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How will a government shutdown impact immigration to the U.S.?

On October 1, 2013, absent Congress passing a resolution to continue appropriations provided under the Consolidated and Further Continuing Appropriations Act, all but “essential” government workers will be furloughed and not allowed to work.
So how will a government shutdown impact immigration to the U.S.?
While there is still enough time for Congress to prevent a lapse in appropriations, many experts are speculating on the impact such a lapse would have on immigration services.  Most agencies are preparing to mirror plans developed in anticipation of a government shutdown in 2011.  Many of the U.S. Citizenship and Immigration Services (USCIS) functions will continue, since they are primarily funded through user fees, but following is a breakdown of possibilities:  

***Please note: the possibilities listed below are only speculation as official guidance has not been released***

  • Citizenship and Immigration Services (CIS): will continue operating, except for E-Verify.  Meaning applications and petitions will still be adjudicated, but E-Verify, the Internet-based system that allows businesses to determine the eligibility of their employees to work in the United States, will be shut down.
  • Department of State (DOS): Only visa processing will be for “life or death” emergencies. In prior budget-related shutdowns, DOS has continued to provide diplomatic visas and said “a really, really important business meeting is not life or death.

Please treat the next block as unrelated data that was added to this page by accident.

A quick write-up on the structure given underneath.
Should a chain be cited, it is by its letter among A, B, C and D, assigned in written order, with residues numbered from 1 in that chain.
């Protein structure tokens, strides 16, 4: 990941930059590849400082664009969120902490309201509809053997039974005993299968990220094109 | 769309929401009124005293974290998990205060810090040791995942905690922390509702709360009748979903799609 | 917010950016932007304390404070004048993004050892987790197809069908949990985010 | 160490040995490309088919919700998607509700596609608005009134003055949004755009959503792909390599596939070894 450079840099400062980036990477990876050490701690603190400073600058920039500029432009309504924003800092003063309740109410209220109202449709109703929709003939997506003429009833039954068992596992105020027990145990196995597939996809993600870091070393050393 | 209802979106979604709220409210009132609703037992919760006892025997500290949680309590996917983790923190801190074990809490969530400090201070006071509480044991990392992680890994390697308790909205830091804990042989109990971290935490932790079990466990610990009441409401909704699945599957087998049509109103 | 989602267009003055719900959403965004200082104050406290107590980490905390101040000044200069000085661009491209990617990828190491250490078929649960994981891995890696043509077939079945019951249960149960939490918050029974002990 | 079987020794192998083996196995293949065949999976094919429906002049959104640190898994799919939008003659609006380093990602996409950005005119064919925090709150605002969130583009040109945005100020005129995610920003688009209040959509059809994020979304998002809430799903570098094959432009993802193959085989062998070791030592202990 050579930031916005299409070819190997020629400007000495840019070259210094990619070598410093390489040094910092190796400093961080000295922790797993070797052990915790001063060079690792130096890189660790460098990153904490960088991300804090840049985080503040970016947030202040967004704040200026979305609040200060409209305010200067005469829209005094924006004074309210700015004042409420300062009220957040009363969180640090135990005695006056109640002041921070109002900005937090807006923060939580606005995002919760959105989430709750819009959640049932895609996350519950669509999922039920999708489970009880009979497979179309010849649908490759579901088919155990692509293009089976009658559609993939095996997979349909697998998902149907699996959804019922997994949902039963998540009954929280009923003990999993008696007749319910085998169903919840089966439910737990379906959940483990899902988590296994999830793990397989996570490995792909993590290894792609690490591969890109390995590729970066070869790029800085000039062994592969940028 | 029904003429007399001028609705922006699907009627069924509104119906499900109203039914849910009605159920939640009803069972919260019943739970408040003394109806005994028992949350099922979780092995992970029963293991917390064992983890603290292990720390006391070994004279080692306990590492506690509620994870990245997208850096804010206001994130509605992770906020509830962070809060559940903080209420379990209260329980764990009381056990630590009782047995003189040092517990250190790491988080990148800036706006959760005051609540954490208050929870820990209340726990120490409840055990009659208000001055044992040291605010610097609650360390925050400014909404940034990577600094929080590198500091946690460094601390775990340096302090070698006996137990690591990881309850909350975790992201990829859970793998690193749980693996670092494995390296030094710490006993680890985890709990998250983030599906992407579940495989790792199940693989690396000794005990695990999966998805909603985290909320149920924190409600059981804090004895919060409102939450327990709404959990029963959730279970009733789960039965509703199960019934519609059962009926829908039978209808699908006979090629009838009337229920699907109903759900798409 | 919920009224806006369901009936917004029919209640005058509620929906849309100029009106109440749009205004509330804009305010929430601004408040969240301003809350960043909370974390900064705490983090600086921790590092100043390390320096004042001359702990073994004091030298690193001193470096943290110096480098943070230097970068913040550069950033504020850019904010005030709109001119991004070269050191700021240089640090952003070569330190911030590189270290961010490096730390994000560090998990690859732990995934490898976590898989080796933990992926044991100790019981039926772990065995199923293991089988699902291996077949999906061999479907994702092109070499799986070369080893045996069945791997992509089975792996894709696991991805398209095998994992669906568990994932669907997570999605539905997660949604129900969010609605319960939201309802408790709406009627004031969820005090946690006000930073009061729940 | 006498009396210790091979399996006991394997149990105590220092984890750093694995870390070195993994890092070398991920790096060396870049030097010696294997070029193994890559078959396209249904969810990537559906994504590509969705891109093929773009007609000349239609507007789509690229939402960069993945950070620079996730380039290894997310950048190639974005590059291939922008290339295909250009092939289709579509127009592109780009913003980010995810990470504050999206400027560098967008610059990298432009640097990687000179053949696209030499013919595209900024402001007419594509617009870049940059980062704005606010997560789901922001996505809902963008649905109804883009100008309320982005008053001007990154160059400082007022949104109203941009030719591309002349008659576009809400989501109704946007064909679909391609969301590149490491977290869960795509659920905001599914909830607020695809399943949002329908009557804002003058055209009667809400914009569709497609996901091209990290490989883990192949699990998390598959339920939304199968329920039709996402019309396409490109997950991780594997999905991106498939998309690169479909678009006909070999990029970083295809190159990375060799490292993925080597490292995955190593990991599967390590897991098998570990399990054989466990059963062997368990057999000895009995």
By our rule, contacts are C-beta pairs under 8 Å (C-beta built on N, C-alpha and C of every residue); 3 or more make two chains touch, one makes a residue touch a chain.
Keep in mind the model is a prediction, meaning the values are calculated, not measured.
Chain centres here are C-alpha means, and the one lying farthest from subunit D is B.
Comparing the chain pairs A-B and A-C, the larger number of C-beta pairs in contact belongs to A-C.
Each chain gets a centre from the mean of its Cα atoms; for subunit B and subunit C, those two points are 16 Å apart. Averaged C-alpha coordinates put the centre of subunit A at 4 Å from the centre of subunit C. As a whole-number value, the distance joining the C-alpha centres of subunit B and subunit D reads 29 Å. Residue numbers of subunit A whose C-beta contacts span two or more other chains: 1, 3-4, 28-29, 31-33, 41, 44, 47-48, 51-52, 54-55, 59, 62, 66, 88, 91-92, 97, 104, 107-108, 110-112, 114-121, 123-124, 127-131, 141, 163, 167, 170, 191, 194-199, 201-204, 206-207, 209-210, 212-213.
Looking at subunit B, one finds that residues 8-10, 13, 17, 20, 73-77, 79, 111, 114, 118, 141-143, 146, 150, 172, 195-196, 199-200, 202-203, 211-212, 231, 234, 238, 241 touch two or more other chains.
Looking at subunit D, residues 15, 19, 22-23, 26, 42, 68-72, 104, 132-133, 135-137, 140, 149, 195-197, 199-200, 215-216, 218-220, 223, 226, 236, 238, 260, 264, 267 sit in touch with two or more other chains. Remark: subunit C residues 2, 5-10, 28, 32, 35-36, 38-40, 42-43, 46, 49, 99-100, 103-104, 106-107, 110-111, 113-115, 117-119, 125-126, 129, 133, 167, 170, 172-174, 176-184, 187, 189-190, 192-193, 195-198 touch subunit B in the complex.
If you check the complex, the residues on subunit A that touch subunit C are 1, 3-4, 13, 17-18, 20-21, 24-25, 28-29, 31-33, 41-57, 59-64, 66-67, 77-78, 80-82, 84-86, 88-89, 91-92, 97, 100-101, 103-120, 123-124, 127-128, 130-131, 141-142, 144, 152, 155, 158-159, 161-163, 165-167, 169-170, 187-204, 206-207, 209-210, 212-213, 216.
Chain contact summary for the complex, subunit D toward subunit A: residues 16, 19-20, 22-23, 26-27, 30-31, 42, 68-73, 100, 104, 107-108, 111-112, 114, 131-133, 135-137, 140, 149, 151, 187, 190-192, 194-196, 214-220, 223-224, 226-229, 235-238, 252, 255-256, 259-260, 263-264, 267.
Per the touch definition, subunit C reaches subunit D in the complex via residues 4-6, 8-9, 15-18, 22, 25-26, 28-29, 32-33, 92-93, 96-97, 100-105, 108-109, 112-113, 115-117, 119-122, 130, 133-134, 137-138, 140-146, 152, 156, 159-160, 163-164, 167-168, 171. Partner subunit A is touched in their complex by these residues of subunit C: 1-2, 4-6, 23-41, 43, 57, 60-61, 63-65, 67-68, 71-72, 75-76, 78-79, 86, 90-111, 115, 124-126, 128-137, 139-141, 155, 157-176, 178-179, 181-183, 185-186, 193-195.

• Customs and Border Protection (CBP): Inspection and law enforcement are considered “essential personnel,” though staffing may be more limited than usual.  The borders will be open, but CBP is unsure of how the shutdown will affect the processing of applications filed at the border.
  • Executive Office of Immigration Review (EOIR): EOIR has been advised to “put its shutdown plans in place.” As with other agencies, personnel who are not considered “essential” will be furloughed. EOIR has indicated that the detained docket would likely be considered an essential function and would therefore be able to continue in operation.
  • Department of Labor (DOL): All applications (such as H-1B LCAs and PERM) will cease processing.  DOL personnel will not be available to respond to e-mail or other inquiries.

What does the possible shutdown truly mean?
The biggest problem of a government shutdown is DOS.  While USCIS will continue adjudications, a person will not be able to go to a Consulate or Embassy to then get their visa into their passport.  Individuals may find themselves with approved cases, but will nonetheless have to remain outside the country until a visa interview can occur and an actual visa stamp is placed in the passport.
The attorneys at Berardi Immigration Law will continue to monitor this very important issue and provide updates as they come readily available.